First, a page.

"We recognise the support and enthusiasm shown by some people for the Shoreham scheme, which is why we are looking to see if a redesigned, permanent proposal can be progressed. This is subject to there being sufficient funding from the Department for Transport and would require full consultation with the public and all other stakeholders."

Alex has written for more cricket publications than the rest of the team combined. Despite the apparent evidence of this picture, he doesn't especially like cake.

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nniff | 3 years ago

'Learnings' - (what a terrible phrase), but chief of which is that a great number of councilors seem to breathe though a hole in the side of their neck.

RoubaixCube | 3 years ago

Oh well... Now they can waste another tens of thousands putting them back in when parts of the UK go into lock down again.

probably wishful thinking but i hope the Government do an audit into how the councils spending money that was given to them to build or improve existing cycling infrastructure 

Im guessing for most councils it was a more a case of minimal effort for maximum profit. a few wands here and there to say they did something then the rest of the money just vanishes and is never spoken of again.

muhasib replied to RoubaixCube | 3 years ago

You're probably onto something there, I would presume the cost of civil works has already been incurred by the council employing the workmen but the additional cost of materials (i.e. bollards/wands) is much lower. Its a good way of shifting the core personnel costs by billing it all to the submitted business case. If the workmen have delayed other work then they will be expected to catchup within existing work hours.

ktache | 3 years ago

I was not aware, just as I am entering the suprising tier 4, that the Covid thing had gone away.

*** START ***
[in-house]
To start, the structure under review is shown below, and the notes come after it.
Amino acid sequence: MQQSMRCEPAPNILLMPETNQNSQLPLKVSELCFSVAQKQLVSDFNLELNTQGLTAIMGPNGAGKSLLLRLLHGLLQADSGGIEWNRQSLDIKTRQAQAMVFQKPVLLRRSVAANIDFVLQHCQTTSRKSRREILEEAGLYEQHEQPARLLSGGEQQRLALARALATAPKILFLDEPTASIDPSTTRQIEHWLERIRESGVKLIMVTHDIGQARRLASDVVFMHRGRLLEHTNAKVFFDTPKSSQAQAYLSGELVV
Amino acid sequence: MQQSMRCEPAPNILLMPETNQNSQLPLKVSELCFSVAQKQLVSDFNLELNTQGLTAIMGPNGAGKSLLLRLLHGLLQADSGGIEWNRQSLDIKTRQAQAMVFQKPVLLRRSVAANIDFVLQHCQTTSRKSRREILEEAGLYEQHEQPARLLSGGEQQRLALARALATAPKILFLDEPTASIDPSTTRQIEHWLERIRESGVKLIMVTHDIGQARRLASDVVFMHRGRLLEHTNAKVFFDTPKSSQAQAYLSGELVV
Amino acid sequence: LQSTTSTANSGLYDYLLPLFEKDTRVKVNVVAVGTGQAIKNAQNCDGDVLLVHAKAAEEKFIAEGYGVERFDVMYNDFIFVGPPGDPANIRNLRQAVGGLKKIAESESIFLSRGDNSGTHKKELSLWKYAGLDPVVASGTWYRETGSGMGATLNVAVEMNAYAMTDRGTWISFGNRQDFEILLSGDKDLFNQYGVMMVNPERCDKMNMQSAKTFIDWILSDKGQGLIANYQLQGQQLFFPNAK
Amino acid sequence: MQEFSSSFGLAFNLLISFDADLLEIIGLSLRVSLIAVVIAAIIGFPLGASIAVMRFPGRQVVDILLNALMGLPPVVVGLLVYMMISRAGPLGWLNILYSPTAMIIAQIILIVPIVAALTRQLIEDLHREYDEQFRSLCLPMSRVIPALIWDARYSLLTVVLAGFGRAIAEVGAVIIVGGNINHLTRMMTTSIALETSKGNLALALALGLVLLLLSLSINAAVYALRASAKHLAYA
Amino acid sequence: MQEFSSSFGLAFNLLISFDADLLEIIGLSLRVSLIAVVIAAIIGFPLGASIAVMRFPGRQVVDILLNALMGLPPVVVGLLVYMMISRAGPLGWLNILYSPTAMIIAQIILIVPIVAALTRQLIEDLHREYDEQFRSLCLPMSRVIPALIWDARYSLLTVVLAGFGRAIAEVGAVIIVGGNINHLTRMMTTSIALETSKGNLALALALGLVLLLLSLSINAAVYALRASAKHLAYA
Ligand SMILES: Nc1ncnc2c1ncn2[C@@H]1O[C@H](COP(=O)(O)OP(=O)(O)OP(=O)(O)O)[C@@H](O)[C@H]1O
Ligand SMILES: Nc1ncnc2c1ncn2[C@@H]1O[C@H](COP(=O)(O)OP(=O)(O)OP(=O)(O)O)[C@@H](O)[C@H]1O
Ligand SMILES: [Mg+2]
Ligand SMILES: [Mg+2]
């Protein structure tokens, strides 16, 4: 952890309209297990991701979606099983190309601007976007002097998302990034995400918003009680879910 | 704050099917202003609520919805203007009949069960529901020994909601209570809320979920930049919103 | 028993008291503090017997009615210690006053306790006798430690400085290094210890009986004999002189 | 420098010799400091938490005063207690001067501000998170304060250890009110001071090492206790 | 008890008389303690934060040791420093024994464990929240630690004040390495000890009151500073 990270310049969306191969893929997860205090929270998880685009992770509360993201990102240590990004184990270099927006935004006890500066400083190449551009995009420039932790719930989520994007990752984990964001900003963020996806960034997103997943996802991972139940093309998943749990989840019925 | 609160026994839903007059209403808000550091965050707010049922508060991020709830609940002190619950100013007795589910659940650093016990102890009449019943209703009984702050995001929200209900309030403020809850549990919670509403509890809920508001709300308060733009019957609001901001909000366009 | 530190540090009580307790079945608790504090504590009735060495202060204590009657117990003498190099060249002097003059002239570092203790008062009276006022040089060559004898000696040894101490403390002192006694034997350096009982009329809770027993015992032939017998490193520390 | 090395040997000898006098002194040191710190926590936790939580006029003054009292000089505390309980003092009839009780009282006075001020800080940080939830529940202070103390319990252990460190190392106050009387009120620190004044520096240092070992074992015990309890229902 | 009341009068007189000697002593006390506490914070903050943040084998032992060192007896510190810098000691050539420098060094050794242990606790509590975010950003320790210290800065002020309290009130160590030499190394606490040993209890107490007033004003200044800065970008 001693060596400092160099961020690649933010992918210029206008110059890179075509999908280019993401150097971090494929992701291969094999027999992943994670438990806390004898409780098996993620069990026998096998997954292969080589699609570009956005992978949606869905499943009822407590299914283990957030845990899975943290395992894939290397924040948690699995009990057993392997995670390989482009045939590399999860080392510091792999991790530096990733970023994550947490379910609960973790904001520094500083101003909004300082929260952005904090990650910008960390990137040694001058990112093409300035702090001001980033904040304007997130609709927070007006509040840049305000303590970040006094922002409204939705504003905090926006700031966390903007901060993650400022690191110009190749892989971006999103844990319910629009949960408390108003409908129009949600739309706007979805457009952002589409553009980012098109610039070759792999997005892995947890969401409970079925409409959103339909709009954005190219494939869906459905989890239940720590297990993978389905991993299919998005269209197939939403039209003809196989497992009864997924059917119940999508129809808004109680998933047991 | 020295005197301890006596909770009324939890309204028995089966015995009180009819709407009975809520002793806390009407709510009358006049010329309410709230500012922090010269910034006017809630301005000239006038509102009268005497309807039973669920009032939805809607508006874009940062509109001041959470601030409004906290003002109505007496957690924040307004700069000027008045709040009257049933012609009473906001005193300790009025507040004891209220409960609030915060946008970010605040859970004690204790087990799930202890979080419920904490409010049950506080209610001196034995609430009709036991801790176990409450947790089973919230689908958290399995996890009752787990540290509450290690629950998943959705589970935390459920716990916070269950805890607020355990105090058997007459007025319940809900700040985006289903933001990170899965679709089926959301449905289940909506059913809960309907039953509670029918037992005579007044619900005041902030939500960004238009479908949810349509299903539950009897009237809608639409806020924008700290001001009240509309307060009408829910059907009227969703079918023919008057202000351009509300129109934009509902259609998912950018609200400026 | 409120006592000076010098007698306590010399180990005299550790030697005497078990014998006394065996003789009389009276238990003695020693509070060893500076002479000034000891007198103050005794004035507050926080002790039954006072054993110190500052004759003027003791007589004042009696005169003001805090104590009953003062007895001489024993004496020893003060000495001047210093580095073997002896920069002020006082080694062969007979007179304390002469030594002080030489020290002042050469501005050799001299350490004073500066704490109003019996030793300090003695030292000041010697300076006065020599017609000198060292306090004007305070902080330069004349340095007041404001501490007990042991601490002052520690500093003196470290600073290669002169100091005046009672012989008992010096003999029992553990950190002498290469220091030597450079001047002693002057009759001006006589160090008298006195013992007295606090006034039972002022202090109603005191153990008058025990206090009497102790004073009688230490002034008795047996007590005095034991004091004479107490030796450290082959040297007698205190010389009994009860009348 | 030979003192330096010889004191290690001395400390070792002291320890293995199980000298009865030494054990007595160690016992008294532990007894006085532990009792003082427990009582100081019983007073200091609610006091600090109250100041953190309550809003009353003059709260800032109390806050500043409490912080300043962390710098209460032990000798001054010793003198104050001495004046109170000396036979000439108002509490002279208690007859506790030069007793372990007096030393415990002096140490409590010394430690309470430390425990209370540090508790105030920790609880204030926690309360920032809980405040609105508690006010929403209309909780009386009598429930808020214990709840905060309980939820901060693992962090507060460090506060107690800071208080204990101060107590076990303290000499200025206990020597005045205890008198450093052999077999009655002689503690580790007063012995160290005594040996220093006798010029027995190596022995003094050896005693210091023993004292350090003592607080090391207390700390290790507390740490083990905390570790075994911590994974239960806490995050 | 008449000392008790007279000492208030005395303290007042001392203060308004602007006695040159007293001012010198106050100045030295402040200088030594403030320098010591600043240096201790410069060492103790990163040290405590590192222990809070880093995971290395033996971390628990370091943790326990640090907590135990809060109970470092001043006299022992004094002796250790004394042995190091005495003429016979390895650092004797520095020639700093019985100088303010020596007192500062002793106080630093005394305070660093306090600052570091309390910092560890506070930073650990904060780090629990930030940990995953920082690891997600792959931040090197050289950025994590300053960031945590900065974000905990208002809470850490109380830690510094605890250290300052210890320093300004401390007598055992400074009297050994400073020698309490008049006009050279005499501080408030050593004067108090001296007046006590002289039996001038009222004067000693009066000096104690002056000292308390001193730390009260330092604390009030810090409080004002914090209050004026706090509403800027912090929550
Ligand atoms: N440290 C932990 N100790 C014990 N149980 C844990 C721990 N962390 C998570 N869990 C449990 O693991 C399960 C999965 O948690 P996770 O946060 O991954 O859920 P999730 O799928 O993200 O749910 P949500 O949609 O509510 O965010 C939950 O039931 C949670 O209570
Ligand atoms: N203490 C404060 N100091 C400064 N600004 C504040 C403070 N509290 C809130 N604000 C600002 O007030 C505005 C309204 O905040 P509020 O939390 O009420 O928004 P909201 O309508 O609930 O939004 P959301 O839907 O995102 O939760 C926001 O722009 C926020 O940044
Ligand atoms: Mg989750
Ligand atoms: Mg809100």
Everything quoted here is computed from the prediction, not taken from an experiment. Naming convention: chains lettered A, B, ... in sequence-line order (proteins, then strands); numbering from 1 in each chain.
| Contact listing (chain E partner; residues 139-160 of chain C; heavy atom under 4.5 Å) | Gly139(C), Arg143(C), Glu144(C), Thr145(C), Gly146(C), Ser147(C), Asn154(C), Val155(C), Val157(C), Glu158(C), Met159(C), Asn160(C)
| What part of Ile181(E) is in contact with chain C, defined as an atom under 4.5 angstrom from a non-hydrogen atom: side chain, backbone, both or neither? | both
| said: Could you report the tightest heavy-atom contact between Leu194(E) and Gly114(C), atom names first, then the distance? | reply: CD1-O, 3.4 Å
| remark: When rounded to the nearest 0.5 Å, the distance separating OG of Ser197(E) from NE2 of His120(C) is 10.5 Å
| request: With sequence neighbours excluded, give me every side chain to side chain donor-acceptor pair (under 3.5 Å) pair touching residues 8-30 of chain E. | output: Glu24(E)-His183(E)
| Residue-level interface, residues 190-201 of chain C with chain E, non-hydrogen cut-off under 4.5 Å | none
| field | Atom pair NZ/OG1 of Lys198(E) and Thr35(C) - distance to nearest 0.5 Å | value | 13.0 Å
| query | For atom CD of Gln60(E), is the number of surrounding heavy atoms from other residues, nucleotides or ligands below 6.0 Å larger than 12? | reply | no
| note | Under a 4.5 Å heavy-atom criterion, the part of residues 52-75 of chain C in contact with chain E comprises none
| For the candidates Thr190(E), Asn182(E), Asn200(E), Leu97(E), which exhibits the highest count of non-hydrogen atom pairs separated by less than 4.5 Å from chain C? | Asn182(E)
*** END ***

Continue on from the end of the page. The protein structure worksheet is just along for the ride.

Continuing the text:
Or that the world wide bike boom had ended...

Rapha Nadal | 3 years ago

"Amongst other things, this means that a segregated cycle lane on Upper Shoreham Road in Shoreham is now due to be removed, even after the council voted to keep it."

Rode down it for the first time today - needs ripping out as it's terrible.  Too narrow, cars parked in the bits that aren't segregated by bollards, full of glass/debris/potholes.  Fucking abysmal.

Rome73 | 3 years ago
1 like

How myopic. 

OldRidgeback replied to Rome73 | 3 years ago

Some of the pop up cycle lanes round my way are really good. Some aren't. It'd be great if the good ones were kept at least. The crap ones don't matter.

Awavey replied to OldRidgeback | 3 years ago

maybe even the bad ones help though, because they start to normalise them as just part of the road system, like bus lanes have become part of the fabric of roads, no-one really questions their existence now even if they arent chock a block with buses.

Whereas like with these cases and the Kensington High street example, the vocal minority gained traction on removing the new cycle lane because the decision makers were easily swayed and failed to recognise the congestion is caused by the multiple metal boxes on 4wheels sat in front of them on the road, and now those lanes have been cleared there is still the same congestion because theres at least the same volume of cars, but there arent calls to widen the road further to speed the cars progress up even more, because then it encroaches on to things like pavements or even buildings that are just accepted as being part and parcel of that roads makeup,whilst the cycle lane was treated as a fad, a one off experiment, and very much temporary.

Secret_squirrel replied to Awavey | 3 years ago
1 like

This (first para)  A thousand time this.